How often have you heard that Disneyland Paris keeps things ‘safe’ or that it is not an innovator? That it is a Disney resort that typically does not take any major risks and is never really a leader in the Disney parks offerings? To suggest that Disneyland Paris is a risk-free resort is ignoring the impressive work that Disneyland Paris takes on launching new seasons (Swing into Spring and the Festival of Pirates and Princesses are just two examples of this); but also has taken in the past.
Disneyland Paris is a resort that indeed has never been afraid to try something new, in fact the resort has a rich history of doing so. Many things that seem normal to fans of a Disney park have started life in Marne-la-Vallée. Let’s take a look at four of the most notable Disneyland Paris innovations.
I think I can, I think I can. Rolling around the track on board Casey Jr. with the iconic song from the Walt Disney classic: Dumbo (1941) seems normal now; but upon opening in March 1994, a small revolution was taking place in Paris as on-board audio had arrived in a Disney park. This, of course, was not to be the only time this technology would be used in Disneyland Paris, it would feature heavily in another attraction that was due to open just one year later.
Space Mountain: de la terre à la lune opened in June 1995 to much fanfare and was the first Disney rollercoaster ride to feature on-board audio which was synchronised to a score composed by Steve Bramson (and rests a score that is much loved by Disneyland Paris fans to this day).
Since then, on-board audio has made it’s way to many other Disney attractions around the world including Rock ‘n’ Roller Coaster Avec Aerosmith that can be enjoyed in the Walt Disney Studios Park as well as The Twilight Zone: Tower of Terror.
In 1993 Disneyland Paris opened an expansion in the Adventureland section of the park, the land opened in 1992 with just one major attraction (Pirates of the Caribbean) and an immersive Adventure Isle area. Towards the back of the land, something was being prepared that would break the Disney mould. Indiana Jones et le temple du péril is perhaps not the attraction you would first consider when looking for an innovator, but this was the very first Disney attraction to feature an inversion. Whilst Indiana Jones would only feature one loop, it would open the floodgates.
In 1995, Space Mountain opened in Discoveryland with three inversions. There are still very few Disney rollercoasters that feature inversions, but Paris features three of these coasters (the most in any Disney resort). Other Disney inverted coasters include: California Screamin’ (Disney’s California Adventure, Anaheim), Rock ‘n’ Roller Coaster Avec Aerosmith (Walt Disney Studios, Paris; Disney’s Hollywood Studios, Orlando). and Raging Spirits, which is heavily based on Indiana Jones (Tokyo Disney Sea, Tokyo).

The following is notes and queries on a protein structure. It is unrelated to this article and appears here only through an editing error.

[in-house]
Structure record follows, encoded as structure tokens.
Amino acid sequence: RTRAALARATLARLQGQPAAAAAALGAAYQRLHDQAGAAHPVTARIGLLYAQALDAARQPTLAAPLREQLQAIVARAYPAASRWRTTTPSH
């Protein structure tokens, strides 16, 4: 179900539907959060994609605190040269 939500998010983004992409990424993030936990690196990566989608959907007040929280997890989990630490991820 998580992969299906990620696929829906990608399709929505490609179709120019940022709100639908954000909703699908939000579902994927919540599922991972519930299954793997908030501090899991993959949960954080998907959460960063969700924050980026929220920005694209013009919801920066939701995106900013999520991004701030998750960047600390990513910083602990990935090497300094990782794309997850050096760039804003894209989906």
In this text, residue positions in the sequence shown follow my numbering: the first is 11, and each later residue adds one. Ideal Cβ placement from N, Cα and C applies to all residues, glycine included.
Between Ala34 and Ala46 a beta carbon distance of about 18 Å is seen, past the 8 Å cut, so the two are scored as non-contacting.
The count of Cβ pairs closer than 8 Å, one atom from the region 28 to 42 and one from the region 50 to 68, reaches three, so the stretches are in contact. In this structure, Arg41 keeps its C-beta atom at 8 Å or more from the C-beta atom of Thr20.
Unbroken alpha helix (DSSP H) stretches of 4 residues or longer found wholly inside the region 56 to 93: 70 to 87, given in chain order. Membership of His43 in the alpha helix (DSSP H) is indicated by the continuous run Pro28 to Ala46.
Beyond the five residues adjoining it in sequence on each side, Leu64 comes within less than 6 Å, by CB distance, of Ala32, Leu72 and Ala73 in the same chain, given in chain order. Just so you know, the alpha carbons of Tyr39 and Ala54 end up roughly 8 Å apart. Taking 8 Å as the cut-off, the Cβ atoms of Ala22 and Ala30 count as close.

Whilst projections and projection mapping had been used in Disney parks prior to Disneyland Paris’s unique spectacle Disney Dreams!, nobody had quite done it just as Disneyland Paris was about to. Walt Disney World Resort projected Disney photopass photos taken during the day onto Cinderella Castle in The Magic, The Memories and You and in Disneyland Resort World of Color had opened to critical praise. Disneyland Paris were ready to take projection shows to the next level.
Disney Dreams! ran from March 2012-17 and was performed nightly at park closing, the show centred on Peter Pan losing his shadow which would be diving through Disney stories. The show followed a simple, yet emotional plot and earned Disneyland Paris worldwide respect. Shows such as Dreams! were swiftly copied at Tokyo Disneyland, Shanghai Disney Resort and Walt Disney World (who have recently debuted Happily Ever After). Disneyland Paris, however, have launched new projection mapping shows including Disney Illuminations; Star Wars: A Galactic Celebration and Goofy’s Incredible Christmas. But, of course, France has a large son et lumière tradition, it just took Disney a while to wake up to its potential in the parks.
A fire-breathing dragon
In March 2014 the Festival of Fantasy parade opened at the Magic Kingdom; the highlight of this parade was a new float depicting Maleficent that breathed fire. The Disney fan community went crazy for this this and praised its originality, Disney copied this float to Paris for Disney Stars on Parade which opened in April 2017, again it opened to similar plaudits.
However, the float was not as original as it may well have seemed. When Euro Disneyland opened in 1992, it featured a parade known as the Disney Classics Parade which featured… you guessed it, a fire-breathing dragon. Images of it can be seen on the Disney and More blog. It turns out, Disneyland Paris returned to its roots to celebrate the 25th anniversary and it just took Florida 22 years to catch up!
Is Disneyland Paris a sort of testing ground?
With all these wonderful new features that have been copied and transposed into Disney parks worldwide would make you believe that Disneyland Paris is a ‘testing ground’. Of course, this is not necessarily the case. Disneyland Paris is situated in Europe, a market that had not yet been cracked by Disney and is a very different market to the ones it has previously entered; to achieve success, modifications and attempts to please the local audience would have to be made. Inversions would likely fall into this category, as would the invention of Disney projection mapping shows. That’s not to say that Disney does not test ideas in Paris but, as with most things, it just isn’t that simple.